I spent an hour or so on the meadow this morning taking photos of the regular work session. Rain overnight had left the vegetation quite wet, but underfoot was still firm. Seven volunteers attended and the session was led by Maurice Lillie. The main tasks involved cutting and clearing parts of the Seagull Lane patch and the south meadow.

For a full report on the work session with more photos go to . . .

Other observations
The resurfacing of the north bridge is now complete and looks very good. I checked on the south bridge where work is ongoing. Here are the two Norse workers on the site, both named Lee. They said the bridge should be finished in a couple of days.

Gordon showed me a Song Thrush nest that he and Maurice had discovered on top of a fence post as they were clearing some overhanging branches on the north west plantation. Close up, the nest is an impressive structure - a woven circle of small twigs, leaves, grass, roots, moss and bits of string surrounds a smooth inner cup of papier-mâché made from rotten wood-pulp. Song Thrushes are fairly common around the meadow, but it's good to have confirmation of their nesting.

Grandchildren on Brook Meadow
Jean and I have been looking after two of our granddaughters (Lily and Iris, aged 11 and 9), so I thought it would be nice to take them over to the meadow to catch the end of the work session before their lunch. They loved it. The workday was just finishing so I introduced them to some of the volunteers. They had a mock try with the power scythe which Mike was in the process of cleaning at the time!

We had a look at the young Oaks on the Seagull Lane patch. Lily measured herself against the height of the smallest of the Oaks that my wife planted in 2012.

They were interested to learn about the various galls growing on the trees and were reassured to learn that they would not harm the trees. On the left are some spangle galls on the Oak leaves and on the right a Knopper gall.

We lifted a couple of the reptile survey mats and found Slow-worms underneath both of them.

I was astonished when Iris complained of the noise of the grasshoppers on the north meadow, something I have never had the pleasure of hearing. Here they mocked me by 'blocking their ears' to the noise!


Finally, they had a sniff of Pineappleweed which they thought was wonderful! Their first ever experience of smelling this delightful plant.


More Hedgehogs
Carole Checksfield who lives in Sultan Road, Emsworth has had some friendly Hedgehogs in her garden. She says they started feeding them several years ago and they now have five Hedgehogs, including what seems to be three babies. Beautiful animals that are a joy to watch. Carole would like to encourage others to put out a few mealworms as Hedgehog numbers are decreasing and so they need all the help they can get. Well said Carole. Here is Carole's photo of two of the hogs that visit her garden.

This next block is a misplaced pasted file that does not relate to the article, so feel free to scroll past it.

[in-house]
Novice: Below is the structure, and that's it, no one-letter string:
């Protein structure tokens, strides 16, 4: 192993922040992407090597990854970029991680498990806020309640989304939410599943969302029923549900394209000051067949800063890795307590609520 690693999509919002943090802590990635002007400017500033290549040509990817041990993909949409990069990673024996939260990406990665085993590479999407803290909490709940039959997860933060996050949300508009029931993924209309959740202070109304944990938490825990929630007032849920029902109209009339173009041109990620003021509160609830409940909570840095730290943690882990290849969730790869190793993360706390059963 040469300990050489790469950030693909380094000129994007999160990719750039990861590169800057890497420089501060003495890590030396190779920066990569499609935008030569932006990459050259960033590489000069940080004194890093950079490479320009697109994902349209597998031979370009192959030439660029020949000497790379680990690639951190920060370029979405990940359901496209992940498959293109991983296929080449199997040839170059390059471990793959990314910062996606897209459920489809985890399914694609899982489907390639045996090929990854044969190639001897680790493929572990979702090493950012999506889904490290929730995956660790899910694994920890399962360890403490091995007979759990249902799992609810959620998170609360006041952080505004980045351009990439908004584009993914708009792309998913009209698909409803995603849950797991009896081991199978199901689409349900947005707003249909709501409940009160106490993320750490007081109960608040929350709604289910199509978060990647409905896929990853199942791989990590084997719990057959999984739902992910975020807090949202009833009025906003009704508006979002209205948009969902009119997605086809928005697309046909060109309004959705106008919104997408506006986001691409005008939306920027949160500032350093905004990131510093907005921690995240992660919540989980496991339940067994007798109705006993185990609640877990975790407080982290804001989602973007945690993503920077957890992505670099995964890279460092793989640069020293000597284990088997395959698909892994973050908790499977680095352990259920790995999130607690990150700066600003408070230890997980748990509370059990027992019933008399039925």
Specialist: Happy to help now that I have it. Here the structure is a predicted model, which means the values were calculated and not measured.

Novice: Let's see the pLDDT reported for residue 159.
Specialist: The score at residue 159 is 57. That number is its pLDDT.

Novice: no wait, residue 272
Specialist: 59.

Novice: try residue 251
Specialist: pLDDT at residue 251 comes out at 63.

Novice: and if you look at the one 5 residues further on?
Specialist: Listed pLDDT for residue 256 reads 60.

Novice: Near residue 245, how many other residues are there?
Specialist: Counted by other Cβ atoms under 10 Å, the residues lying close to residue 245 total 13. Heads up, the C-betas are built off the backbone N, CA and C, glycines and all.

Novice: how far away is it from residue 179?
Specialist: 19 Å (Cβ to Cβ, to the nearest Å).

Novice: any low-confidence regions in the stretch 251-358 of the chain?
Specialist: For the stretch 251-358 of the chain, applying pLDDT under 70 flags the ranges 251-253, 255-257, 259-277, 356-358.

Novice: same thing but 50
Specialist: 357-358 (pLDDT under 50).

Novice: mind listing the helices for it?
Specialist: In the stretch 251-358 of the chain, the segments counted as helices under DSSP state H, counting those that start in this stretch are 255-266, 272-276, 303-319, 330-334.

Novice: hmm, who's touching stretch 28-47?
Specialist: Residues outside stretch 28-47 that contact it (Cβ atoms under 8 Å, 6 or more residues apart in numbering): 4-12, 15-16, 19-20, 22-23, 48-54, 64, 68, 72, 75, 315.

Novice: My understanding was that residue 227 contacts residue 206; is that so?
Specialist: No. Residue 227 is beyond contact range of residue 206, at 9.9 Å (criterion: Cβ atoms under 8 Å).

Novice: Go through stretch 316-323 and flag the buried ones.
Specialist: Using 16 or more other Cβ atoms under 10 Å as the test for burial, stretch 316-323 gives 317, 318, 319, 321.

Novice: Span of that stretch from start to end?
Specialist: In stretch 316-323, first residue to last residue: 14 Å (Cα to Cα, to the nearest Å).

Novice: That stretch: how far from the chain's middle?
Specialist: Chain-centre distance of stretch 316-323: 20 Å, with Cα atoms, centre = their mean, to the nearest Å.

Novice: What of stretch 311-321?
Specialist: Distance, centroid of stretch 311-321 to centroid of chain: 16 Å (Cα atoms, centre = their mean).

I had the nice experience a couple evenings back while walking along St James Road with my two granddaughters (Lily and Iris) when a Hedgehog scuttled across the road in front of us. It was their first ever sighting of a Hedgehog. How wonderful!  

Exploding fungus
Chris Oakley wonders what to make of this fungus which appears to have exploded! He assumes it is some kind of Puffball but they are usually full of powder spores. Does anyone have an answer?



Langstone Mill Pond
Peter Milinets-Raby visited Langstone Mill Pond mid morning on a very low tide (10:27am to 11:21am. The highlight was a juvenile Peregrine that flew around for five minutes, having a swoop at two different Little Egrets and a couple of Oystercatchers, but failing to connect on each occasion. It was acting as if it was just practicing! He then landed on the low tide mud for a couple of minutes before flying off over the Hayling Bridge.
Other birds of note included: 2 Sandwich Tern, 4 Common Gull, 28 Dunlin, 110+ Redshank, 5 Black-tailed Godwit, 4 Ringed Plover, 19 Med Gulls with 2 juvs (all in winter plumage), 13 Little Egrets feeding in the trickle of water in the channel, 4 Greenshank, 2 Grey Plover - winter plumage.
Langstone Mill Pond: Tufted Duck female with seven growing ducklings (see photo).

1 Little Grebe, 15 Little Egrets still loitering, with 2 half grown young still in one nest.

Wood Wasp
Brian Lawrence had a walk in Southleigh Forest opposite Hollybank Woods yesterday and got a photo of a Wood Wasp. These wasps re easily recognisable from their strange shape, rounded head, long neck, long black antennae and long red legs. This one is probably Xiphydria camelus which is widespread in woodland at this time of the year, though not exactly common.

Chichester art
I did not do any wildlife today, but Jean and I had an interesting day of art in Chichester. First, we went to see the John Minton Centenary Exhibition at the Pallant Gallery. Minton was a rather sad and tortured artist who committed suicide aged 39. His art was not great, but he was a fine illustrator and did a large number of books and other things. His paintings included a huge mural called 'Jamaican Village'.

A decorated table also caught my eye, inspired apparently by his visit to the Charleston farmhouse where the Bloomsbury artists painted the furniture. Well worth a visit.

After lunch we had a look around the Cathedral where I was bowled over by a huge mural in the north transept containing 400 paintings done one every day by Frieda Hughes (daughter of Ted Hughes and Sylvia Plath). I did not know anything about this exhibition which has been on since June 14 and finishes on Thursday 17 Aug, so get along there if you are interested. The whole exhibition is too good to miss. This photo of the mural does not do it full justice. You really need to see the thing.

Here is a sample of what it looks like close-up.


More about wasps and flies